From peripheral to central: the role of ERK signaling pathway in acupuncture analgesia.

Journal Article (Journal Article)

UNLABELLED: Despite accumulating evidence of the clinical effectiveness of acupuncture, its mechanism remains largely unclear. We assume that molecular signaling around the acupuncture needled area is essential for initiating the effect of acupuncture. To determine possible bio-candidates involved in the mechanisms of acupuncture and investigate the role of such bio-candidates in the analgesic effects of acupuncture, we conducted 2 stepwise experiments. First, a genome-wide microarray of the isolated skin layer at the GB34-equivalent acupoint of C57BL/6 mice 1 hour after acupuncture found that a total of 236 genes had changed and that extracellular signal-regulated kinase (ERK) activation was the most prominent bio-candidate. Second, in mouse pain models using formalin and complete Freund adjuvant, we found that acupuncture attenuated the nociceptive behavior and the mechanical allodynia; these effects were blocked when ERK cascade was interrupted by the mitogen-activated protein kinase kinase (MEK)/mitogen-activated protein kinase (MAPK) inhibitor U0126 (.8 μg/μL). Based on these results, we suggest that ERK phosphorylation following acupuncture needling is a biochemical hallmark initiating the effect of acupuncture including analgesia. PERSPECTIVE: This article presents the novel evidence of the local molecular signaling in acupuncture analgesia by demonstrating that ERK activation in the skin layer contributes to the analgesic effect of acupuncture in a mouse pain model. This work improves our understanding of the scientific basis underlying acupuncture analgesia.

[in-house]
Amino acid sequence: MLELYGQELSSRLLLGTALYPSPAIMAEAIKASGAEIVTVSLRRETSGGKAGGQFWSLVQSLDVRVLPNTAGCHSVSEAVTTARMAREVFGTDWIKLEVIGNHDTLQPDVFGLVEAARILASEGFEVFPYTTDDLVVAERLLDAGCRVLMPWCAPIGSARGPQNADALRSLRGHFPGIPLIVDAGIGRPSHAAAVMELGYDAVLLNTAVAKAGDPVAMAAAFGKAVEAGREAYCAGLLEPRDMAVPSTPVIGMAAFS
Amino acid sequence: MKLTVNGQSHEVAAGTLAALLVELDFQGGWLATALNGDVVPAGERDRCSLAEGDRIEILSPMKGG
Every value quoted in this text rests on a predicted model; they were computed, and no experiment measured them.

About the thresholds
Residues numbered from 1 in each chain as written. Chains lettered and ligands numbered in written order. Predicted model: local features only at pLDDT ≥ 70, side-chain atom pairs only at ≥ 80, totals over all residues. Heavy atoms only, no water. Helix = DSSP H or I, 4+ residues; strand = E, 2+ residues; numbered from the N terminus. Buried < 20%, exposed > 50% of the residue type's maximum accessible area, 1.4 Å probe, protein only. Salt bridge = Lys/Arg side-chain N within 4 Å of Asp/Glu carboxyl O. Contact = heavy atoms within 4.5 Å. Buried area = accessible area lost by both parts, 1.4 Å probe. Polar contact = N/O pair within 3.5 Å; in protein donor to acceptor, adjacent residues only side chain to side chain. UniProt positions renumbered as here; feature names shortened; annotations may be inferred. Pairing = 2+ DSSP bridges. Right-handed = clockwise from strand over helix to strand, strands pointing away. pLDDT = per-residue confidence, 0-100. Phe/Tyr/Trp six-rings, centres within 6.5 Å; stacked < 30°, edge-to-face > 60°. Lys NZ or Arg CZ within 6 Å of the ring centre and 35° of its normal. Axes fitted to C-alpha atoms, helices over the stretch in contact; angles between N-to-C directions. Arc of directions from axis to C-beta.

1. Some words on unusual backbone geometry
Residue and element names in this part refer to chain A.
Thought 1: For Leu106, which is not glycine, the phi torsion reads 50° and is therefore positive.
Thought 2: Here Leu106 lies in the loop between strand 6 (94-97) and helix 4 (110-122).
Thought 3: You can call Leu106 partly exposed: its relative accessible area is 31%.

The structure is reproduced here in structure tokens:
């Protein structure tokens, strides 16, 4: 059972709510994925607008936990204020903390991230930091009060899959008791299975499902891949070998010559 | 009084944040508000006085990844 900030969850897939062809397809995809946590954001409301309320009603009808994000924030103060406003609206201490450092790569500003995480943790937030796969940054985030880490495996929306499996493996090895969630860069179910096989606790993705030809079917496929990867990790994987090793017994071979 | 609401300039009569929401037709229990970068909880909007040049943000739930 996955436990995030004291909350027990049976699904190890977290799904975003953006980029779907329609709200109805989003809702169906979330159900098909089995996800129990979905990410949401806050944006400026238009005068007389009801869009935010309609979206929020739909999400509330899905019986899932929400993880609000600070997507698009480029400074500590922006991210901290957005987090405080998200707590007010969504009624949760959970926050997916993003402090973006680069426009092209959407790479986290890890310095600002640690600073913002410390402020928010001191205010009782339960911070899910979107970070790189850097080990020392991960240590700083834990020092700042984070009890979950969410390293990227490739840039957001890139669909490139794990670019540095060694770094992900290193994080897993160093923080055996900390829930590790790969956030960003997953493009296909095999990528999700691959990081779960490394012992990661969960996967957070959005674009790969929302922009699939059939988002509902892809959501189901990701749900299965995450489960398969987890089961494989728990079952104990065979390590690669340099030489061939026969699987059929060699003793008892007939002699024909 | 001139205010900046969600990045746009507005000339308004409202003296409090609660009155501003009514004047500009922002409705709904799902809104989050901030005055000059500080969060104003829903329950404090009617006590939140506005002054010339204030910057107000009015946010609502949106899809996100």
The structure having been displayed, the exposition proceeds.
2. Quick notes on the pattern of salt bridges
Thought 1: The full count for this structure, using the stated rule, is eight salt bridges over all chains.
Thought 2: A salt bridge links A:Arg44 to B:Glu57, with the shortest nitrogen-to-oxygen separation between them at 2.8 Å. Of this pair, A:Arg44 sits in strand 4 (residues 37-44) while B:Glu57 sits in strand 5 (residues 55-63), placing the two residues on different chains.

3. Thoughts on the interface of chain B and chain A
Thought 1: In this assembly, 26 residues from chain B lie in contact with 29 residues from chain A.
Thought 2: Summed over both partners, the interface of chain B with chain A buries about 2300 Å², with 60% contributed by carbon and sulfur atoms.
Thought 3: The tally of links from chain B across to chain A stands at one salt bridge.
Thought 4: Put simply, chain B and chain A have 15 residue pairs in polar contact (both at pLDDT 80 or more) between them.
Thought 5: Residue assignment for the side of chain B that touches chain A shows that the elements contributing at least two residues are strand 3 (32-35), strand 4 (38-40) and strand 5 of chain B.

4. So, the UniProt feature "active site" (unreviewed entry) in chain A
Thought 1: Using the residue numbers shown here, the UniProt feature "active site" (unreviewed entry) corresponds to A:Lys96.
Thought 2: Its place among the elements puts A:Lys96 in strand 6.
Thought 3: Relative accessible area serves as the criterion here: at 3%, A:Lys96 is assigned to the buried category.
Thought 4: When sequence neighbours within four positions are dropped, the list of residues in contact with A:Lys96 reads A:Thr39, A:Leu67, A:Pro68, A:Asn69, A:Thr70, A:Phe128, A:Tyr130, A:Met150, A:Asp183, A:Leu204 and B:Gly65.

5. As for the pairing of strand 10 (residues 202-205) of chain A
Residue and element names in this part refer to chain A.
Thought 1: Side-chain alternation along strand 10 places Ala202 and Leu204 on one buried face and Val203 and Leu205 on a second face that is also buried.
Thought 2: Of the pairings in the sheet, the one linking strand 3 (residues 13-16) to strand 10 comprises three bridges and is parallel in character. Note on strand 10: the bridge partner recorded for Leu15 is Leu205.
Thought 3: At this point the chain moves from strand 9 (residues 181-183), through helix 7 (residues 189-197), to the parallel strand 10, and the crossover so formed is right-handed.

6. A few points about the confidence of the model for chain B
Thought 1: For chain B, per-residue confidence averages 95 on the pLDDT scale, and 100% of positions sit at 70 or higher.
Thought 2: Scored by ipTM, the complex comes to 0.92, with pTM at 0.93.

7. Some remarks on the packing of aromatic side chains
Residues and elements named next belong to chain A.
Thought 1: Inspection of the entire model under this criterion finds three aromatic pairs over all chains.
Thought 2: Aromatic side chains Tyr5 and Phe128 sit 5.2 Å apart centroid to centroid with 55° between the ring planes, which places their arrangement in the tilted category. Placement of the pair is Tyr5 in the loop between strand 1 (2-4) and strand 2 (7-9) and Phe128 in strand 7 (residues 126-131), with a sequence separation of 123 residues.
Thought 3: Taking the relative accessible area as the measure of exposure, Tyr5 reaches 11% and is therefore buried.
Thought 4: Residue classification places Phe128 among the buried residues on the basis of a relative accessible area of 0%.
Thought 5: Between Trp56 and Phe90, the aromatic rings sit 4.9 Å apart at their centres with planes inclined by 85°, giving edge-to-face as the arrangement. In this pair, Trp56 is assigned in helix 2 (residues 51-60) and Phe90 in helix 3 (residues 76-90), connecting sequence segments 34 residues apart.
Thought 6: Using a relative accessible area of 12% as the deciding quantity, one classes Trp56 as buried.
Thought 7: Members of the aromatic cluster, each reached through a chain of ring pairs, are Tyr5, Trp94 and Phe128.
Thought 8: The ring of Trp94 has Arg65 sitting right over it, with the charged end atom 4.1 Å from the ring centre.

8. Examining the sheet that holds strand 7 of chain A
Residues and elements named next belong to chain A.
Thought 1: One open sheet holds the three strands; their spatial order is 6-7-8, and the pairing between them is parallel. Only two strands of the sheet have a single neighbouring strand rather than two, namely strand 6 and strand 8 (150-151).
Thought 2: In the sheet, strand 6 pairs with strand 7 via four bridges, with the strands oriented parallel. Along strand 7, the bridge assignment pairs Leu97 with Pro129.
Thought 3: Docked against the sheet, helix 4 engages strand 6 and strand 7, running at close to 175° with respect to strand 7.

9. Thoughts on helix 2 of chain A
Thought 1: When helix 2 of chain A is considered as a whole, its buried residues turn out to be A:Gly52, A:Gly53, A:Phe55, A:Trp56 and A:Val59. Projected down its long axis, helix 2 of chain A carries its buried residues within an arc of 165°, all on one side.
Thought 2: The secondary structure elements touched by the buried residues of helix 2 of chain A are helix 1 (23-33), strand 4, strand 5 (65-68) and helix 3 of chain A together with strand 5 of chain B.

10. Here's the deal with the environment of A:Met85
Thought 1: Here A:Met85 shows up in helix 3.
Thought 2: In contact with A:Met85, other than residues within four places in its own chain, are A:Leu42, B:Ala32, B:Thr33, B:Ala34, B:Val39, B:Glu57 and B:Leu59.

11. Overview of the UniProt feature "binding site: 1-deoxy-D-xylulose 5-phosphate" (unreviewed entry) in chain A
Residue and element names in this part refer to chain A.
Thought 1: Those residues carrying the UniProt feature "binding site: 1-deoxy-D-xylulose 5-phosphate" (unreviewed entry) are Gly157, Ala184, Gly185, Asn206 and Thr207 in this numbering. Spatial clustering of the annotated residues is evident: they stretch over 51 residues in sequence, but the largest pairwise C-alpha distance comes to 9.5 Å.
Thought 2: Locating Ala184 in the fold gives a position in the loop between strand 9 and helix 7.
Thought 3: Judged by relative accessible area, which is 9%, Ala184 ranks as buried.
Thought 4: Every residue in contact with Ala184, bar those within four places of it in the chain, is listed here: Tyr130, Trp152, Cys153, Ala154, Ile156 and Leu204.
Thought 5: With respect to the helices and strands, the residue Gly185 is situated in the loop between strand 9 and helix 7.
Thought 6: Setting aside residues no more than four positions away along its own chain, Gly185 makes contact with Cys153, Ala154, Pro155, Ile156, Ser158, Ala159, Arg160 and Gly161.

Full Text

Duke Authors

Cited Authors

  • Park, J-Y; Park, JJ; Jeon, S; Doo, A-R; Kim, S-N; Lee, H; Chae, Y; Maixner, W; Lee, H; Park, H-J

Published Date

  • May 2014

Published In

Volume / Issue

  • 15 / 5

Start / End Page

  • 535 - 549

PubMed ID

  • 24524846

Pubmed Central ID

  • 24524846

Electronic International Standard Serial Number (EISSN)

  • 1528-8447

Digital Object Identifier (DOI)

  • 10.1016/j.jpain.2014.01.498


  • eng

Conference Location

  • United States